NetComposites
Advanced Engineering 2018

LANXESS Develops PBT Compound for Electric Car Battery Components

18 July 2017

LANXESS Develops PBT Compound for Electric Car Battery Components

In a collaboration with HELLA, LANXESS has developed a thermoplastic compound for the manufacture of flame-retardant housing components for electric vehicle battery systems.

The product, Pocan AF4130, is a blend of polybutylene terephthalate (PBT) and acrylic ester-styrene-acrylonitrile (ASA) and contains 30% by weight glass fibres and a halogen-based flame retardance package. The material is said to deliver extremely low warpage and shrinkage, combined with high flame retardance.

HELLA is using the compound to fabricate housings for a battery management unit (BMU) and two cell monitoring units (CMUs) for a German manufacturer of battery systems. The parts are currently in use in the lithium-ion battery system of a German compact car.

The housings of the BMU and CMUs have large, flat surfaces as well as complex geometries along the edges and on the inside. Thanks to an innovative design, they can be injection moulded cost-effectively as single components. The contact pins for the connectors must not bend when the housings are mounted on the printed circuit boards. The tolerances for the spacing between the connector mounts and the cut-outs for the pins are therefore extremely close.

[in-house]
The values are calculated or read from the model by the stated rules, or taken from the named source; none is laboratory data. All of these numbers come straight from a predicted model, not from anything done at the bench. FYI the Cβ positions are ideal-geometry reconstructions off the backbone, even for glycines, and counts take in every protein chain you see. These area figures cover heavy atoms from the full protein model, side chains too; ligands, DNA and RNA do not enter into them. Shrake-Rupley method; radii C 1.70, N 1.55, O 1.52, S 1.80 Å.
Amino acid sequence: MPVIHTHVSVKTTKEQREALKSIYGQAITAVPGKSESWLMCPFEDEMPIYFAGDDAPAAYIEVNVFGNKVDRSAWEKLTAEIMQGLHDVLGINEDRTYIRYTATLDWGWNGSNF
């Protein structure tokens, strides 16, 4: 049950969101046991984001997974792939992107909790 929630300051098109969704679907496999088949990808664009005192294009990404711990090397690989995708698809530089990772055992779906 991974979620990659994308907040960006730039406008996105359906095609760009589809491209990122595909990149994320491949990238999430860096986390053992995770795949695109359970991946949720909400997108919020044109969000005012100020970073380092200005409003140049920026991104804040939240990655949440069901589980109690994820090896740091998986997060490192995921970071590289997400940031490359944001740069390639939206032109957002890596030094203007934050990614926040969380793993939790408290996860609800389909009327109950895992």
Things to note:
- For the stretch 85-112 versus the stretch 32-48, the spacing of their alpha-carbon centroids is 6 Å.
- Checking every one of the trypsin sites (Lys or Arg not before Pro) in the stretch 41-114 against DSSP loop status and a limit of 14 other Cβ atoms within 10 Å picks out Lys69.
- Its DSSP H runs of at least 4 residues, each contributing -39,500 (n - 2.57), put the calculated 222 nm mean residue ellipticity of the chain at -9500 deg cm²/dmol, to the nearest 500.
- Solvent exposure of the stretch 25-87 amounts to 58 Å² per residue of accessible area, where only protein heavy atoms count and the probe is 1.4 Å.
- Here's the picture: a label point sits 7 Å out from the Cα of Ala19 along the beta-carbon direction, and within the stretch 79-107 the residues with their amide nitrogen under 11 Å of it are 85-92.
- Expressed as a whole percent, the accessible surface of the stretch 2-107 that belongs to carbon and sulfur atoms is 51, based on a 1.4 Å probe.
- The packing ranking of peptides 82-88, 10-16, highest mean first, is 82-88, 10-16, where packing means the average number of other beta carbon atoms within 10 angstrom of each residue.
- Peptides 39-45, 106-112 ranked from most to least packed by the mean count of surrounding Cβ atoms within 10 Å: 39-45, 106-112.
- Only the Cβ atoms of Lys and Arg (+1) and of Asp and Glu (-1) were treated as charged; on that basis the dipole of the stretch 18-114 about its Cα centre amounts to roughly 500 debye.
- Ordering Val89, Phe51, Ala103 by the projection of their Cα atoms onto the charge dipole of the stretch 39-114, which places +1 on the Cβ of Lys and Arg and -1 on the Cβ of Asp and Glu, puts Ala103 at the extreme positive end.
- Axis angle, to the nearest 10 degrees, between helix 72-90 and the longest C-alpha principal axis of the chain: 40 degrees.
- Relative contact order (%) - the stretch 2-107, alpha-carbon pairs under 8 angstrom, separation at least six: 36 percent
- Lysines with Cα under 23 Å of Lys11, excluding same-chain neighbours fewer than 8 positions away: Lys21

“This is precisely where the outstanding dimensional stability of our blend Pocan AF4130 pays off,” explains Marc Marbach, Head of Sales Segments E&E in the LANXESS High Performance Materials (HPM) business unit. 

As required for this application, the material achieves the best classification of V-0 (0.75 mm) in UL 94 fire testing by Underwriters Laboratories and it is listed on the UL Yellow Card with a good classification of UL 94 5VA (1.5 mm). It has also been given a UL f1 listing for use in outdoor applications involving exposure to UV light and water.

“Our compound thus has a good chance of also being used for electrical components such as photovoltaic plugs and sockets,” says Marbach.

According to LANXESS, surfaces made of the thermoplastic are very low-emission, as demonstrated by thermal desorption analyses conducted in accordance with VDA 278 (German Association of the Automotive Industry). This makes it suitable for many vehicle applications requiring very low volatile and condensable emissions, such as components for the automotive interior. The blend is also highly resistant to typical media used in motor vehicles, such as fuels, oils, cleansers and car care products, as proven in extensive media storage tests conducted by LANXESS for HELLA in accordance with the supply specification LV 124, used by many automotive manufacturers. It also displays good resistance to an electrolyte widely used in lithium-ion batteries. The corresponding test was additionally conducted under load in compliance with DIN EN 22088-3. Marbach reports that no cracks were evident in the samples even after 1,000 hours of exposure. 

LANXESS provided HELLA with support in developing the housing components as part of its HiAnt customer service package. HPM delivered suggestions for optimal component design, provided the material data required for the computer-aided design of the parts to meet expected loads and for the mould flow analyses, and supported the initial injection moulding trials. LANXESS further determined the blend’s halogenide content for HELLA by means of ion chromatography and conducted odour testing to VDA 270. 


Photo provided by LANXESS




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